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If you want to know more about the presidency of Civl War general Ulysses Grant, then this is your go-to book! Calhoun is one of the best historians working on Gilded Age politics and he does not disappoint with this latest contribution to the University Kansas Press American Presidency series. As a side/personal story, I was at the Madison Building of the Library of Congress in July 2011 researching my William Temple Hornaday biography (The Most Defiant Devil) while Calhoun was at the table in front of me going through the Elihu Washburne papers. I've always regretted not introducing myself to him. Back to Grant, this book is an example of the recent school of historians who are painting a much more favorable view of the eighteenth president of the United States than previous generations of historians had done. For starters, Calhoun -- and this is true of the this new school -- has a deeper appreciation of Grant's attempts to use federal power to advance the cause of black civil rights in the Reconstruction era South. Second, Calhoun depicts Grant as an engaged leader who understood complex issues, initiated new policies, and lobbied members of Congress for his preferred legislation. Calhoun's treatment of civil service reform intrigued me because of my previous work on Chester Arthur (see Chester Alan Arthur: The Life of a Gilded Age Politician and President) whom Grant appointed to the position of collector of the Port of New York. Traditionally, historians have given Grant little credit for measures he introduced to reform and regulate the civil service. Calhoun, in contrast, sees Grant as genuinely interested in reform who went as far as he was comfortable to do through executive action, but faulted Congress for not doing their part. Grant's attitude might be due to the inordinate time it took him to fill offices. Calhoun also takes Grant's side in seeing the public and vocal civil service reformers of the day as "humbugs" -- to use Grant's own term for them -- who were disappointed by their failure to secure positions for themselves and/or their friends. Civil service reform, of course, is just one of a many topics covered in this penetrating and thorough account of Grant's administration. ( )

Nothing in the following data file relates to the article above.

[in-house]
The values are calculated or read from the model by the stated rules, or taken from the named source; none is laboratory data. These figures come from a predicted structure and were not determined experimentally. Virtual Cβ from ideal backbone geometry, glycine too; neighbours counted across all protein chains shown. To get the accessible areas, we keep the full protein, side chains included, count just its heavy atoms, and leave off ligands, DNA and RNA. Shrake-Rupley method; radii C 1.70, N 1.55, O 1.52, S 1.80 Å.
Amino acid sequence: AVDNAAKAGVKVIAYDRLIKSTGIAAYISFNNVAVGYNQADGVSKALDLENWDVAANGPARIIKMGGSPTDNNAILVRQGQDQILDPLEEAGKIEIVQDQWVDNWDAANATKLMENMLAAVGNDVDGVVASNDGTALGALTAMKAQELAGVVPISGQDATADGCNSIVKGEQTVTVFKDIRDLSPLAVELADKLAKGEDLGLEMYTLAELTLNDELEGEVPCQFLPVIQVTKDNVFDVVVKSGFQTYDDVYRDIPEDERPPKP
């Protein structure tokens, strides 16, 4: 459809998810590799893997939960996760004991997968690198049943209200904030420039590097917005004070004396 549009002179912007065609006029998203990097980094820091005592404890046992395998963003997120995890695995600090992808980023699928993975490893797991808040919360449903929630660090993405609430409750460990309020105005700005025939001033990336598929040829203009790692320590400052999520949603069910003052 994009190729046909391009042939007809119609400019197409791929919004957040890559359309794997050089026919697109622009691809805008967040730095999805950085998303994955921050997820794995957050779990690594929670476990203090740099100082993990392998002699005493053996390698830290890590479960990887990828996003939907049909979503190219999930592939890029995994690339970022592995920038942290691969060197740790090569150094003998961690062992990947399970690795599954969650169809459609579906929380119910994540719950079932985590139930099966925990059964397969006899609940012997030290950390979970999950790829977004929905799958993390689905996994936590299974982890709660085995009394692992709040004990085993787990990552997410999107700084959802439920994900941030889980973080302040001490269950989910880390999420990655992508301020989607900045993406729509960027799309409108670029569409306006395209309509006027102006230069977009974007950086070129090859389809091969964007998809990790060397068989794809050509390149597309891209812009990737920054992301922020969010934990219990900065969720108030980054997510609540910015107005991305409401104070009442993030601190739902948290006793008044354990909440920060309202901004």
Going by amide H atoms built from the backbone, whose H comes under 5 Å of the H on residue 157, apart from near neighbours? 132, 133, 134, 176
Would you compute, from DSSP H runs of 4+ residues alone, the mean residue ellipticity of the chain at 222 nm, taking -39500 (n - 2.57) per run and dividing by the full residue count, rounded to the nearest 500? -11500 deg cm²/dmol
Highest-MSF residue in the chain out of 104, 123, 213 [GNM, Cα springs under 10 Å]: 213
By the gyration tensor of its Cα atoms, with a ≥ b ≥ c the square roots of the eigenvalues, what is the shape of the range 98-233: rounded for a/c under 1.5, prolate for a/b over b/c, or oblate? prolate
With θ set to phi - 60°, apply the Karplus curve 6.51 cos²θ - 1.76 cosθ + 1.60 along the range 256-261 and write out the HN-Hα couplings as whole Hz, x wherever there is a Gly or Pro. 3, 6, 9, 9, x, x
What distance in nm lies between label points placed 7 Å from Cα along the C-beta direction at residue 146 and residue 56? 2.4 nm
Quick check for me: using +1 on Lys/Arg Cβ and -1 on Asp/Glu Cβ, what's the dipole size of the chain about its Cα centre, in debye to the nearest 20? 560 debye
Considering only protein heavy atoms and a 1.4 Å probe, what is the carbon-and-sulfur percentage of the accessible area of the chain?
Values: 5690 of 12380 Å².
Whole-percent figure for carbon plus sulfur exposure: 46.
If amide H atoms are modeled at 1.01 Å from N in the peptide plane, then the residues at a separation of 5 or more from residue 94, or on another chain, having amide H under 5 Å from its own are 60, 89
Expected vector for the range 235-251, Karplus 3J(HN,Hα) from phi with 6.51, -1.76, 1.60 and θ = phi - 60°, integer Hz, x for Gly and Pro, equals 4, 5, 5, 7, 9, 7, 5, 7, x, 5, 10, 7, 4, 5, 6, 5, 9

gregdehler | Aug 5, 2019 |
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"This is the 36th volume in the American Presidency Series; it covers the two-term (1868-1877) controversial presidency of Ulysses S. Grant (1822-1885). While several biographies of Grant have appeared in recent years, there has been no scholarly work on Grant's presidency since the 1930s. Charles Calhoun is an eminent authority on the history of the United States in the late nineteenth century, and uses his vast knowledge here, along with extensive use of original sources, to examine Grant's presidency in a fresh light"-- "As controversial in politics as he was in the military, Ulysses S. Grant (1822-1885) was an embattled president, enormously popular with the American people, yet the target of unrelenting censure by political enemies. For the first time in almost a century, this book by the distinguished historian Charles W. Calhoun examines Grant's administration in depth, offering a fresh look at the 18th president's policies and actions during his two terms in office (1869-1877). Most biographers focus on Grant's military career, giving less attention to the significant and complex questions that marked his presidential terms. These concerns, the issues of politics and governance, are at the core of this book. As a political historian with a vast knowledge of nineteenth-century America and an extensive array of original sources at his command, Calhoun approaches Grant's presidency not as an incongruous or inconsequential sequel to his military career but instead as the polestar of American public life during a crucial decade in the nation's political development. He explores Grant's leadership style and traces his contributions to the office of president, including creating a White House staff, employing modern technology to promote the mobility of the presidency, and developing strong ties with congressional leaders to enhance executive influence over legislation. The Presidency of Ulysses S. Grant provides a detailed discussion of the administration's endeavors in a variety of areas--Reconstruction and civil rights, economic policy, the Peace Policy for Native Americans, foreign policy, and civil service reform. It also offers a straightforward examination of the scandals associated with the period, highlighting the "embattled" nature of Grant's presidency and the deep antagonism that marked his relations with key critics such as Charles Sumner, Henry Adams, and Benjamin Bristow. In sum, this book is a long overdue re-evaluation of a pivotal presidency in America's political history"--